Wachtell, Lipton, Rosen & Katz advised BB&T Corp in its $28.2 billion purchase of SunTrust Banks Inc, which was represented by Sullivan & Cromwell in the transaction.

The deal will create the sixth largest U.S. bank holding company and has been widely described as the largest bank merger since the 2008 financial crisis.

Shareholders of BB&T will own 57 percent of the combined company which will have a new name and a new headquarters in Charlotte, N.C.

The merger announcement said that the boards of both companies unanimously approved the all-stock deal.

Wachtell’s team was led by corporate partners Edward D. Herlihy and Matthew M. Guest. Herlihy is one of the country’s best-known banking lawyers and serves as co-chair of the firm’s executive committee.

In a memo to clients last December, he noted that the U.S. Federal Reserve had undergone a “sea change” in the way it approaches objections from community groups to bank merger and expansion plans.

A more relaxed regulatory environment makes it harder for community groups to block mergers on grounds that banks have not met federal requirements to serve communities.

SunTrust’s banking practices were investigated several years ago, and it paid $968 million in 2014 after the Justice Department looked into allegations of improper mortgage originations and mortgage servicing and foreclosure abuses.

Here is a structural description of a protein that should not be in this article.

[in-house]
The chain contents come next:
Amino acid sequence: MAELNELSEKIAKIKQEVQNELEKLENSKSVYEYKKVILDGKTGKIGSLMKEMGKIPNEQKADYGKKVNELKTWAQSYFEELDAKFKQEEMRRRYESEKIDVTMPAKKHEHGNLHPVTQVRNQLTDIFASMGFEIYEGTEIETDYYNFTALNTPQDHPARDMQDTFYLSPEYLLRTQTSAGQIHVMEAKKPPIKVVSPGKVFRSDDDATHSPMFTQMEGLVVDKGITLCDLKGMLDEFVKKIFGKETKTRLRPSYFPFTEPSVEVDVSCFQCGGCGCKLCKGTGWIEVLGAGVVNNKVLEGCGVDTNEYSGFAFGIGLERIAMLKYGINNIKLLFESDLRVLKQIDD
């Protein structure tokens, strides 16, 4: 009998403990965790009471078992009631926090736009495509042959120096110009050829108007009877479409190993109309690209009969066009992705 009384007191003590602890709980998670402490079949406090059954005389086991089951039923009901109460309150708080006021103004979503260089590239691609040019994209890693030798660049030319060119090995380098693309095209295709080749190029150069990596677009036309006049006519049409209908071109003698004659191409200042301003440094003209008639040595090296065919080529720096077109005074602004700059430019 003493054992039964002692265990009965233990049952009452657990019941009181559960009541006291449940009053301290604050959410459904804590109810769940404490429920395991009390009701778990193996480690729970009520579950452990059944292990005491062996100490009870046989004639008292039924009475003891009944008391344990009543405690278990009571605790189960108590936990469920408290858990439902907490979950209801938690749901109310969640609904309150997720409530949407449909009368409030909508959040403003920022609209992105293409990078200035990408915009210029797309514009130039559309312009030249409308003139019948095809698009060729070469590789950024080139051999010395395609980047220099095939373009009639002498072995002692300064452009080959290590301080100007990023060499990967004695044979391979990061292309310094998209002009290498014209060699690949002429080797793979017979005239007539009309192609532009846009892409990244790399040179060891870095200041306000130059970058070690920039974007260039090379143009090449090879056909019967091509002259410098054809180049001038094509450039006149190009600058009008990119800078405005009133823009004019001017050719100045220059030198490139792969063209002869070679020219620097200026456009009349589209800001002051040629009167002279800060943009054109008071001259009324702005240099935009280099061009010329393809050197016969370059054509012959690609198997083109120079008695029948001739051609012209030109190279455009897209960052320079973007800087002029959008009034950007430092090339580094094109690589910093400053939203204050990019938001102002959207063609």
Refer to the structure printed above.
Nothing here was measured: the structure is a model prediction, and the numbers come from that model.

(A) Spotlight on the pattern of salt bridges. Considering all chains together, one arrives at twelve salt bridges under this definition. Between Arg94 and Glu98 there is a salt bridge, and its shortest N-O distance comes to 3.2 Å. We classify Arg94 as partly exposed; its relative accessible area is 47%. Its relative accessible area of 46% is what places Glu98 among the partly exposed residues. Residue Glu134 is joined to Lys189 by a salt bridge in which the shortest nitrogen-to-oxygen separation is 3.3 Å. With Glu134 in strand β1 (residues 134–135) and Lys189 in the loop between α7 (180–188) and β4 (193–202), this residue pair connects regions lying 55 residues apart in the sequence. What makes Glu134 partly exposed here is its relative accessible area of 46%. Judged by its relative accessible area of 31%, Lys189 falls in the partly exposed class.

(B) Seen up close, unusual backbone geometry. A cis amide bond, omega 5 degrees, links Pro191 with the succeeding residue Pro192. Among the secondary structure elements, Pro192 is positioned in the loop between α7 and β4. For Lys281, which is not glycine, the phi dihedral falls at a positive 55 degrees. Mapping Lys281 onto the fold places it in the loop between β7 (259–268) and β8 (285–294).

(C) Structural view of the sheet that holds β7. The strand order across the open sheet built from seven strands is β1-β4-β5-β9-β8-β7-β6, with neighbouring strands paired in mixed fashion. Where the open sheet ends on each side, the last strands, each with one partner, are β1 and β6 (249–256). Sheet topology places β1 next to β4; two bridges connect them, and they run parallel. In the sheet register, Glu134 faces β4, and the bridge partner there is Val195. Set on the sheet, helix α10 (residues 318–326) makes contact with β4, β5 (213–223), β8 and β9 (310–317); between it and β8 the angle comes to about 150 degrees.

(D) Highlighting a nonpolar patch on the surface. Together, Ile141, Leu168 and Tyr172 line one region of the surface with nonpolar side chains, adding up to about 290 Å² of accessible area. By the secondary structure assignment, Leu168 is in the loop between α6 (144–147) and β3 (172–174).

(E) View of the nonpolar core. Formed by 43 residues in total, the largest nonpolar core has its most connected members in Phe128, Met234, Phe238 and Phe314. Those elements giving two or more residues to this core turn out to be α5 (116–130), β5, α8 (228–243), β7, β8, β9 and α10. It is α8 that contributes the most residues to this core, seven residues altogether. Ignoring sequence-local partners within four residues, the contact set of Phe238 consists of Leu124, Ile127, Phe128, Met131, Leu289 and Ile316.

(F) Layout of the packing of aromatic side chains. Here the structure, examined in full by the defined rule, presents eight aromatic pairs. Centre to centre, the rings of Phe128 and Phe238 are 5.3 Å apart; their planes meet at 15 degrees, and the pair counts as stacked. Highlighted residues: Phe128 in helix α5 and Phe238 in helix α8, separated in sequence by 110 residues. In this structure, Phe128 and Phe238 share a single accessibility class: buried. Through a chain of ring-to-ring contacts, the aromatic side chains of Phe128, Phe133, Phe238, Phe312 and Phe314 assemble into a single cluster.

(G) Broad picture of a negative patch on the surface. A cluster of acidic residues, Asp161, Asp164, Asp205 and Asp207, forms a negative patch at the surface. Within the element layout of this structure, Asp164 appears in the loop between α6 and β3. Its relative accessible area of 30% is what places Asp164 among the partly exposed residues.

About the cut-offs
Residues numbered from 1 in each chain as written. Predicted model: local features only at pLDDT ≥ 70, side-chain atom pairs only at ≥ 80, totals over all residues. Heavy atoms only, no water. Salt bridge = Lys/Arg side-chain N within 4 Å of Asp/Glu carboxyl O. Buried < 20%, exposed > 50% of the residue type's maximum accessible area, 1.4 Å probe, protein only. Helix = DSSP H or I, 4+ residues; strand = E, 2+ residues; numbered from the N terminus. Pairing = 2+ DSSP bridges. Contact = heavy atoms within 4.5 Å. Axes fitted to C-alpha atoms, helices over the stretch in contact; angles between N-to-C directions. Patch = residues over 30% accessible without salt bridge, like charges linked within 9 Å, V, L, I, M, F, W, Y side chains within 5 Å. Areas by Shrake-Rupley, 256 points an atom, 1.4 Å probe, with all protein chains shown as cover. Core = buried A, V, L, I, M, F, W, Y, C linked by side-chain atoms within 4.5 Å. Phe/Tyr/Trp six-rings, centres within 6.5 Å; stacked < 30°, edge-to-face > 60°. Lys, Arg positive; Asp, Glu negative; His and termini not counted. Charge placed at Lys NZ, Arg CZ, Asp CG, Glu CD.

Sullivan & Cromwell’s team representing SunTrust included the firm’s senior chairman and banking and M&A giant H. Rodgin Cohen, as well as partners Mitchell Eitel, Marc Treviño, Ronald E. Creamer Jr. and Joseph J. Matelis. The group also included one special counsel and five associates.

The attorneys work in Sullivan & Cromwell’s corporate, financial services, tax, executive compensation and competition practices.

The BB&T deal comes amid predictions that relaxed regulations and the accumulation of cash since the U.S. tax system was overhauled last year will spur financial institutions to merge.

The deal appears to be the industry’s biggest since Bank of America’s $40.5 billion takeover of Merrill Lynch & Co. in January 2009.